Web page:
Although Americans have come close on at least two occasions (abstracting from the 1860 experience), in such situations they have heretofore avoided what is common in much of the world—namely the resort to extra-judicial and extraconstitutional proceedings to supply a perceived vacuum. The critical issue at the end of 2020 was not whether evidence of fraud would be produced; it was rather whether people who believed that fraud had occurred would break out of the customary constraints of the rule of law. The hyperbolic reaction to the riot at the Capitol on January 6, 2021, accurately reads the political thermometer of the era. The fear that something painful would ensue was real, and in fact it had penetrated the highest elements of political and military leadership well before the election (as has now been well attested). The burning question was not “where is the evidence?” but “what might Trump do?”
The beauty of John Eastman’s legal counsel to Trump and Pence was precisely his much-criticized theory about the process of counting the electoral vote. Mistakenly characterized as an attempt to circumvent democratic process, the theory in fact reinforced in a powerful way not only democratic process (consent of the governed) but more importantly constitutional constraint.
All who have commented on Eastman’s legal memoranda (Joseph Bessette, John McCormack, Laura Field, et. al.) have ignored the fundamental reality that what Eastman accomplished was to persuade Trump that he could do nothing himself.
Having promoted the president of the Senate to the position of the only constitutionally identified office that held any authority and responsibility to make any judgment in the case, Eastman not only focused Trump’s pressure on Mike Pence. He more importantly deflected all deliberation away from what Trump might do to the judgment that Pence would exercise. This is not to say that Eastman did not believe in his minimalist scenario of pausing in order to exercise judgment. What matters, though, is that he concentrated the judgment squarely in Pence’s hands, and Pence exercised that judgment. In other words, Pence judged that the electoral returns were materially clear and convincing (a judgment Eastman argued that Pence could make), finally settling the issue that Trump would leave office.
What might have occurred in the absence of the legal counsel that Eastman provided? We cannot say. We have heard too often repeated the observation that while the riot ensued the president stewed—that is, he did nothing. That result was not only on account of Eastman having dissuaded him from believing that he could do anything. It also derives from the president having been abandoned by his national security team. Nothing can be more obvious than that a riot at the Capitol is a national security event. Accordingly, it is equally obvious that, if the national security team was not gathered about the president at that hour counseling on steps to take, that means that the national security team had abandoned the president. Eastman’s legal work unintentionally partnered with internal resolve within the government to cordon off the presidency until a transition could be effected.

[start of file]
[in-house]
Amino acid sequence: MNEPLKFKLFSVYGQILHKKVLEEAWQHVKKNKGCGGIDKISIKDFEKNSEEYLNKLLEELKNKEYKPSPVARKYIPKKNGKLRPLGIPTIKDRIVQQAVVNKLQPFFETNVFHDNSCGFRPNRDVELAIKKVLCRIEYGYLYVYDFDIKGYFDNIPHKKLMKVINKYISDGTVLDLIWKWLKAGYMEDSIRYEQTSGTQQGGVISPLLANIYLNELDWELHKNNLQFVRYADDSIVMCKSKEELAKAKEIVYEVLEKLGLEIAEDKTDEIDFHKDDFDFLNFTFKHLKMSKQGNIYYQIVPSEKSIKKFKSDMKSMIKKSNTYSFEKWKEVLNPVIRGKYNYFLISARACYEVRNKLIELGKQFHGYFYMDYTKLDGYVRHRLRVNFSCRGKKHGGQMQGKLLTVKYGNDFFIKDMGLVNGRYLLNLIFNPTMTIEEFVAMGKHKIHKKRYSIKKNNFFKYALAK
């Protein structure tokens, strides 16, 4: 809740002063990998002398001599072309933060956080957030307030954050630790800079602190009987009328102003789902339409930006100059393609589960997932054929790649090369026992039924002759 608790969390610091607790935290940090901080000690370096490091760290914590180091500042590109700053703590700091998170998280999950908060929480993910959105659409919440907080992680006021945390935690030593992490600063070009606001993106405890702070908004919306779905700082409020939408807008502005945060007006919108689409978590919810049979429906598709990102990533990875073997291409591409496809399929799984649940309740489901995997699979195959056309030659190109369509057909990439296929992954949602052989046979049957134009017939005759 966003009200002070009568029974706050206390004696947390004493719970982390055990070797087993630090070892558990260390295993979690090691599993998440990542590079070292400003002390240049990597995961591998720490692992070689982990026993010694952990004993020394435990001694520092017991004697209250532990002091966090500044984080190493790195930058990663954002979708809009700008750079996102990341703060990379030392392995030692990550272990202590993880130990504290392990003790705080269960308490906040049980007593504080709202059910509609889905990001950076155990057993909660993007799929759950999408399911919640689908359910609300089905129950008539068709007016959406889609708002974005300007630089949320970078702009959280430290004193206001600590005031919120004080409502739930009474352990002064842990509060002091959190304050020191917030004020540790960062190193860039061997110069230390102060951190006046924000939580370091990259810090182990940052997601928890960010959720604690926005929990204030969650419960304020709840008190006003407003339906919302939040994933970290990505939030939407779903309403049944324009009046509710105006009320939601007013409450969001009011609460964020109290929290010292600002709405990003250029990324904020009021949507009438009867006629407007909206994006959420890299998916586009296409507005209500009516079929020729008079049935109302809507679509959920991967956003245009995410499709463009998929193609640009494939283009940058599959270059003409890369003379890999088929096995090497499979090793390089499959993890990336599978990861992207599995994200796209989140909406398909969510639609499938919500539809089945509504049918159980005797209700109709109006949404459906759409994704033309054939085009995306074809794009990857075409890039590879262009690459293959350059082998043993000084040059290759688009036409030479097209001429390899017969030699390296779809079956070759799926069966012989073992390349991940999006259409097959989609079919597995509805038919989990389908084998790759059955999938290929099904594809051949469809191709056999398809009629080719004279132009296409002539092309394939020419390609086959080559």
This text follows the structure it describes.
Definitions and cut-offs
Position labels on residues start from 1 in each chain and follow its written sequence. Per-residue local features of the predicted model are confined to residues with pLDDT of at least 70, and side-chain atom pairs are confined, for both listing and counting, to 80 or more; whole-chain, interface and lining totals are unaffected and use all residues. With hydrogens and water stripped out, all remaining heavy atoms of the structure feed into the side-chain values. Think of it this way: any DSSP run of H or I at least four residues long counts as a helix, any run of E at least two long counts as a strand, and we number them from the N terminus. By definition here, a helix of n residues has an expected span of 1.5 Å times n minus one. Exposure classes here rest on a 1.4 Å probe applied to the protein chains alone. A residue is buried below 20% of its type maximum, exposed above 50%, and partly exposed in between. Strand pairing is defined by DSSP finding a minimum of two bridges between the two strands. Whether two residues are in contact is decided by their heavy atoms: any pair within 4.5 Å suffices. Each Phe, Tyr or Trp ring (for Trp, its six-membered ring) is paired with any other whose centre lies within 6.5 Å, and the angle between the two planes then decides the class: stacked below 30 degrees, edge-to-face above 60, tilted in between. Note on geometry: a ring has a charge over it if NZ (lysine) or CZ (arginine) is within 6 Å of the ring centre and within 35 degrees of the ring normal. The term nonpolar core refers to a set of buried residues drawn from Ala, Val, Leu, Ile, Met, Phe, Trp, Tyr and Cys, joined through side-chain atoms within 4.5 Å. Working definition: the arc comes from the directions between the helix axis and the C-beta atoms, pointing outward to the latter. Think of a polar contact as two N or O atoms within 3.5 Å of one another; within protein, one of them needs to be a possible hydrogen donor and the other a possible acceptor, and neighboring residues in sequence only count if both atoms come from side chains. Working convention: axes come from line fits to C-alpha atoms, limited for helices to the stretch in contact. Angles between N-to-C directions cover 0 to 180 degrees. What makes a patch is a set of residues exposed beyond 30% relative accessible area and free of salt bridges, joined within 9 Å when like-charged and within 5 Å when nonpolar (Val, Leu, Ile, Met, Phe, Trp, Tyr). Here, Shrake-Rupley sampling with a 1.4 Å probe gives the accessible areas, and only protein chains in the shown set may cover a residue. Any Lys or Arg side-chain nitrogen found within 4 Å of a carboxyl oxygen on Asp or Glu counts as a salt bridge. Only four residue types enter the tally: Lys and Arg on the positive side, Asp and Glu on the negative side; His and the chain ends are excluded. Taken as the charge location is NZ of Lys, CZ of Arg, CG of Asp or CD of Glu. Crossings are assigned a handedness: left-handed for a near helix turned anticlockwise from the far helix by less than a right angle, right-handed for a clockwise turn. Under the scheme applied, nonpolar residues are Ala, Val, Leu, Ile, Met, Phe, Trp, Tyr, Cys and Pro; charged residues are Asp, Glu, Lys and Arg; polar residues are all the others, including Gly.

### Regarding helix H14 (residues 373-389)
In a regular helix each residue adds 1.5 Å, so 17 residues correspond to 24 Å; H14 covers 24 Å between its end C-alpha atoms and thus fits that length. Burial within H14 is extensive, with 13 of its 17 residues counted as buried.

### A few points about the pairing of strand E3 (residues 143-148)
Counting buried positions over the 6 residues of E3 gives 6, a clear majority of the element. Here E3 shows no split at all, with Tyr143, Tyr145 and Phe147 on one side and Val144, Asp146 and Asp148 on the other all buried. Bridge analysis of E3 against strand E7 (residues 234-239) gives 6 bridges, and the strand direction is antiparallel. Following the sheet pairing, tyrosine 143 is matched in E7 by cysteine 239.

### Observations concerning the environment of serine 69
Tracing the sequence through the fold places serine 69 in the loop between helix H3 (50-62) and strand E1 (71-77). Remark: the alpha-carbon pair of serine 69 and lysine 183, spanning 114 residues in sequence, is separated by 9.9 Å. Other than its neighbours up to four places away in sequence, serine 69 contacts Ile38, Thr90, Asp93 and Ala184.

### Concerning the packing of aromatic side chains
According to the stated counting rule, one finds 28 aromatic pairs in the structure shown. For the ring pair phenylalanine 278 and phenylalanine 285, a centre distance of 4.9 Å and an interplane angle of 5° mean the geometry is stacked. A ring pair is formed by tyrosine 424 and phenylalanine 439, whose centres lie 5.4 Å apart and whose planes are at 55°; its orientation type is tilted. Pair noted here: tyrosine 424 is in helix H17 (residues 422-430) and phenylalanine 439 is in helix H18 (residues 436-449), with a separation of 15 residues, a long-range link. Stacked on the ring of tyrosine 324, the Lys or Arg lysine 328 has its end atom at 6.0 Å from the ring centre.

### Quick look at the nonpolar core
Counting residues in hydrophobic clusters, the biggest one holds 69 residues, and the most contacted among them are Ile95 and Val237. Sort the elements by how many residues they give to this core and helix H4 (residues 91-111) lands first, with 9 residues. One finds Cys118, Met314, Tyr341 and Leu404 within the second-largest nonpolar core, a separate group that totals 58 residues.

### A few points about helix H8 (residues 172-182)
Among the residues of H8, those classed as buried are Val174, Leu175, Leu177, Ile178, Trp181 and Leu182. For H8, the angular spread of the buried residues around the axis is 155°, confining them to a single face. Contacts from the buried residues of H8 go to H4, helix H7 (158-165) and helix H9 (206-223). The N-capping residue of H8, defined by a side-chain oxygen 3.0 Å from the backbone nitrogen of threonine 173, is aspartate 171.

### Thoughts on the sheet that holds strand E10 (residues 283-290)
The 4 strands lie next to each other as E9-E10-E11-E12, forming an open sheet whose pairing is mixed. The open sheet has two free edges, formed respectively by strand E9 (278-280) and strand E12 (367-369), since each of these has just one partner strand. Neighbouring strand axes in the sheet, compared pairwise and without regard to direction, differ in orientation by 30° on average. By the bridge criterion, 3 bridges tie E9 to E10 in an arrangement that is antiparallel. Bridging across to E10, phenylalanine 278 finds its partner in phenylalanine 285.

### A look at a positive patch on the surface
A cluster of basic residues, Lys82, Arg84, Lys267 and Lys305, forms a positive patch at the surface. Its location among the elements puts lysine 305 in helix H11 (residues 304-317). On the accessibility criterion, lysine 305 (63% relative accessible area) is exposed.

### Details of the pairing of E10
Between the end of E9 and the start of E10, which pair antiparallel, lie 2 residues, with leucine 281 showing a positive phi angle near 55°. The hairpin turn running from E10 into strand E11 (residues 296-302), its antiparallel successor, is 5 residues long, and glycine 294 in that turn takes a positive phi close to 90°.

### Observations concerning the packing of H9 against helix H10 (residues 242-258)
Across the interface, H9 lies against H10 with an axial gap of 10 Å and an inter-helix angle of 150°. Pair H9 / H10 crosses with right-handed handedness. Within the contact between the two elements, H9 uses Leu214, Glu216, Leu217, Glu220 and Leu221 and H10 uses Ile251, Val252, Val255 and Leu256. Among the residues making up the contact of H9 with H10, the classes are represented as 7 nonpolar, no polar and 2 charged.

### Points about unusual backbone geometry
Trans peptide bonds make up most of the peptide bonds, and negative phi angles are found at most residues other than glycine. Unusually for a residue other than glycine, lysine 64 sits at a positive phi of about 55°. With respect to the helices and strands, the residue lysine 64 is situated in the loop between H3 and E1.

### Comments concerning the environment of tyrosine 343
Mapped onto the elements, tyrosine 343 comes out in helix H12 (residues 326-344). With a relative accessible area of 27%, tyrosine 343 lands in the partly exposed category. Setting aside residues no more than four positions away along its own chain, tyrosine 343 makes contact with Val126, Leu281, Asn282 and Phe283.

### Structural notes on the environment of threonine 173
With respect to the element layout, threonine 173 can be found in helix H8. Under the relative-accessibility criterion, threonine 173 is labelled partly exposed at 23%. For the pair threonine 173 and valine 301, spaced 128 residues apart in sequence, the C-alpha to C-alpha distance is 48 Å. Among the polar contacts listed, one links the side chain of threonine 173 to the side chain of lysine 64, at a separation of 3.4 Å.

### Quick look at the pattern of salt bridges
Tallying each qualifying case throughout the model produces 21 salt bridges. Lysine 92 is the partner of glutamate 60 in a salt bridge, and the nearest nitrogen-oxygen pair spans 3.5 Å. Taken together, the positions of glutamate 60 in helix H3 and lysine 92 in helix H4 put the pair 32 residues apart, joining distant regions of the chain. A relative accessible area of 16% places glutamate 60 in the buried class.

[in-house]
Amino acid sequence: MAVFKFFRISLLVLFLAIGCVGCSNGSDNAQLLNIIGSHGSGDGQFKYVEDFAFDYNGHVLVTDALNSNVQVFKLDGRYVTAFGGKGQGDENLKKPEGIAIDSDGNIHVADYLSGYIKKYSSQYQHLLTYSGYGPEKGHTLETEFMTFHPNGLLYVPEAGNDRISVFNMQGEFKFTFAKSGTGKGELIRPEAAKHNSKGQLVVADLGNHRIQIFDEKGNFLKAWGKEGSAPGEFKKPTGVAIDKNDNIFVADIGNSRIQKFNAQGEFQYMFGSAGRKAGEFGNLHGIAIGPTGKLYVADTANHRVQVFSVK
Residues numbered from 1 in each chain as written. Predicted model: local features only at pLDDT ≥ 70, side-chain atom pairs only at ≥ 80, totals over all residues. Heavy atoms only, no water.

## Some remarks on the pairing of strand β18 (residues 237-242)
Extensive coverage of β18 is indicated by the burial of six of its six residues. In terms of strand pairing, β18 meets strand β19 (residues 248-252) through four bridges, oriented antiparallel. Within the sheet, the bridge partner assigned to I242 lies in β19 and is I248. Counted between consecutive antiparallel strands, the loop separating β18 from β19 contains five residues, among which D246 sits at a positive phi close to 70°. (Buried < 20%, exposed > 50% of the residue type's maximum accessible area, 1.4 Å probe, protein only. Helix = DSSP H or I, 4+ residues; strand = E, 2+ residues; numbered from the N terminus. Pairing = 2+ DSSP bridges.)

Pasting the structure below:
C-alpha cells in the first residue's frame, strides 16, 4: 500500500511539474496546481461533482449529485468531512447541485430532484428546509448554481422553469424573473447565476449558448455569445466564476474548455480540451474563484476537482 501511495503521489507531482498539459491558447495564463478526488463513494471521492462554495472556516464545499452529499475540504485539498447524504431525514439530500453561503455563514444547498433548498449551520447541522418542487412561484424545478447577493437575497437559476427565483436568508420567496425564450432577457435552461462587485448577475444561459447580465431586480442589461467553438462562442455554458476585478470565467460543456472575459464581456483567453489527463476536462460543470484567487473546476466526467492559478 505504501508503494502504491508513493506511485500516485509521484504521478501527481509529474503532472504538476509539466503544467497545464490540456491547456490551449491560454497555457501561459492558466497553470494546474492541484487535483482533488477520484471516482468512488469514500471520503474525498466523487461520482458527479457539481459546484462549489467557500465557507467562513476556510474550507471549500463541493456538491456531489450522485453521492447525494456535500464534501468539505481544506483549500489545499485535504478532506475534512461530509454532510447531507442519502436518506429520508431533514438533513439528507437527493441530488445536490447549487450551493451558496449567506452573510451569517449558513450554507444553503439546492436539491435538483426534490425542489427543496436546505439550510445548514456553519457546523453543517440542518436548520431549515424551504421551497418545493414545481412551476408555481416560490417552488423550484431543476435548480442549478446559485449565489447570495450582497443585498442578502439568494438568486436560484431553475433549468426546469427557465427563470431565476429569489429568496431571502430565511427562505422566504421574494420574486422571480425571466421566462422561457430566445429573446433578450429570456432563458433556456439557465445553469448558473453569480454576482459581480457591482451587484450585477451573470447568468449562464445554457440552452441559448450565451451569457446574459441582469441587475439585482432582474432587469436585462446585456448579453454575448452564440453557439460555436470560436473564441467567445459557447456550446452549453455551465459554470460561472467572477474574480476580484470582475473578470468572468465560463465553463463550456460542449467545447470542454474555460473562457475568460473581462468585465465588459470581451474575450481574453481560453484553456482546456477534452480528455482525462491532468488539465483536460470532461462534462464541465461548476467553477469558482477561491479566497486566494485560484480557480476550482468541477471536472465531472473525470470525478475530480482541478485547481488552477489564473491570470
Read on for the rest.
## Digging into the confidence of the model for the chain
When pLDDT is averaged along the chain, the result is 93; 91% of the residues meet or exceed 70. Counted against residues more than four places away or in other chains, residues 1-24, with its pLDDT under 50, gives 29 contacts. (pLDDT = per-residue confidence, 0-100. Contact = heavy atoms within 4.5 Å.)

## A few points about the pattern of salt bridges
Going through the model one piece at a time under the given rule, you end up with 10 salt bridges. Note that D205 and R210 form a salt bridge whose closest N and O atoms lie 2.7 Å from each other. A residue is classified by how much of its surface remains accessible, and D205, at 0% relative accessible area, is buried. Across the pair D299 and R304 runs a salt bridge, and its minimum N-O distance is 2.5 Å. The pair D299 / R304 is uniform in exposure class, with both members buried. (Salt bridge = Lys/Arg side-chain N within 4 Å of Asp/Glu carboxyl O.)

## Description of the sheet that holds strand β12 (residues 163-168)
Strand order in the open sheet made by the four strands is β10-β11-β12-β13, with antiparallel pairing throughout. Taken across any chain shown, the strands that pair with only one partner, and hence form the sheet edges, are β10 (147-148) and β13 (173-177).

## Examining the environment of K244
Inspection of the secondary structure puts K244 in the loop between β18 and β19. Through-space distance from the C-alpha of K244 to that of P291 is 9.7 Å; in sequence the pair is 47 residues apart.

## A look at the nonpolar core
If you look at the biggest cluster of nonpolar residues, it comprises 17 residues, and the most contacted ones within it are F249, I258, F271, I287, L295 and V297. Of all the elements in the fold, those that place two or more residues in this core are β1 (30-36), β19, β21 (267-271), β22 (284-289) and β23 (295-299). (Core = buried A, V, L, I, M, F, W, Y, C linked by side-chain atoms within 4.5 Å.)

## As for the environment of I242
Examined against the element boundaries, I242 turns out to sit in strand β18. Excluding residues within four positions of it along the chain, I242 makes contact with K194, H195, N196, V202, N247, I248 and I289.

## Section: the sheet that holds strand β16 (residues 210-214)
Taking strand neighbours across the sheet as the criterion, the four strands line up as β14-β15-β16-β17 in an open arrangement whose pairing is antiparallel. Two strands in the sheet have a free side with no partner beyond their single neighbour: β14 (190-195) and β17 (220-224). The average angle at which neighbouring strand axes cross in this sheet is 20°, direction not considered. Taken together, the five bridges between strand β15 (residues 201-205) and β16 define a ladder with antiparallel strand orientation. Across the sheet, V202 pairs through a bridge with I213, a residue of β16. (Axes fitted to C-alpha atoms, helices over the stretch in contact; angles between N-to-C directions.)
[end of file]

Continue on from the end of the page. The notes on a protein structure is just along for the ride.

Did Eastman, then, not believe in the election fraud scenario? He has provided fulsome evidence that there were identified irregularities sufficient to have altered the outcome of the election. Accordingly, his legal advice was not disingenuous. Rather, it operated within the limits of what was credible and possible. It is not necessary to depreciate his sincerity in order properly to estimate the valuable service he rendered on this occasion.
Nor will it do to cameo a four-minute presentation on the Capitol mall on January 6, in which he presented his closing argument on behalf of his client, as evidence of some sinister intent. That he was caught up in the moment is undeniable. I doubt that there are very many souls who, finding themselves addressing such an assembly, mightn’t be caught up in the moment. The fitting oratory on such occasions is acquired by usage. To control a massive crowd by cadence and rhythm as a Ronald Reagan or Martin Luther King could do is not a gift acquired all of a sudden. Too much has been made of that “if the glove fits, you must convict” moment. And it would be a great injustice to use it to deflect from the sober reasoning that informed Eastman’s counsel to Trump and Pence, including most importantly clearly stating what is not legally permissible.
John Eastman is John Eastman’s best defense, his apologia sua.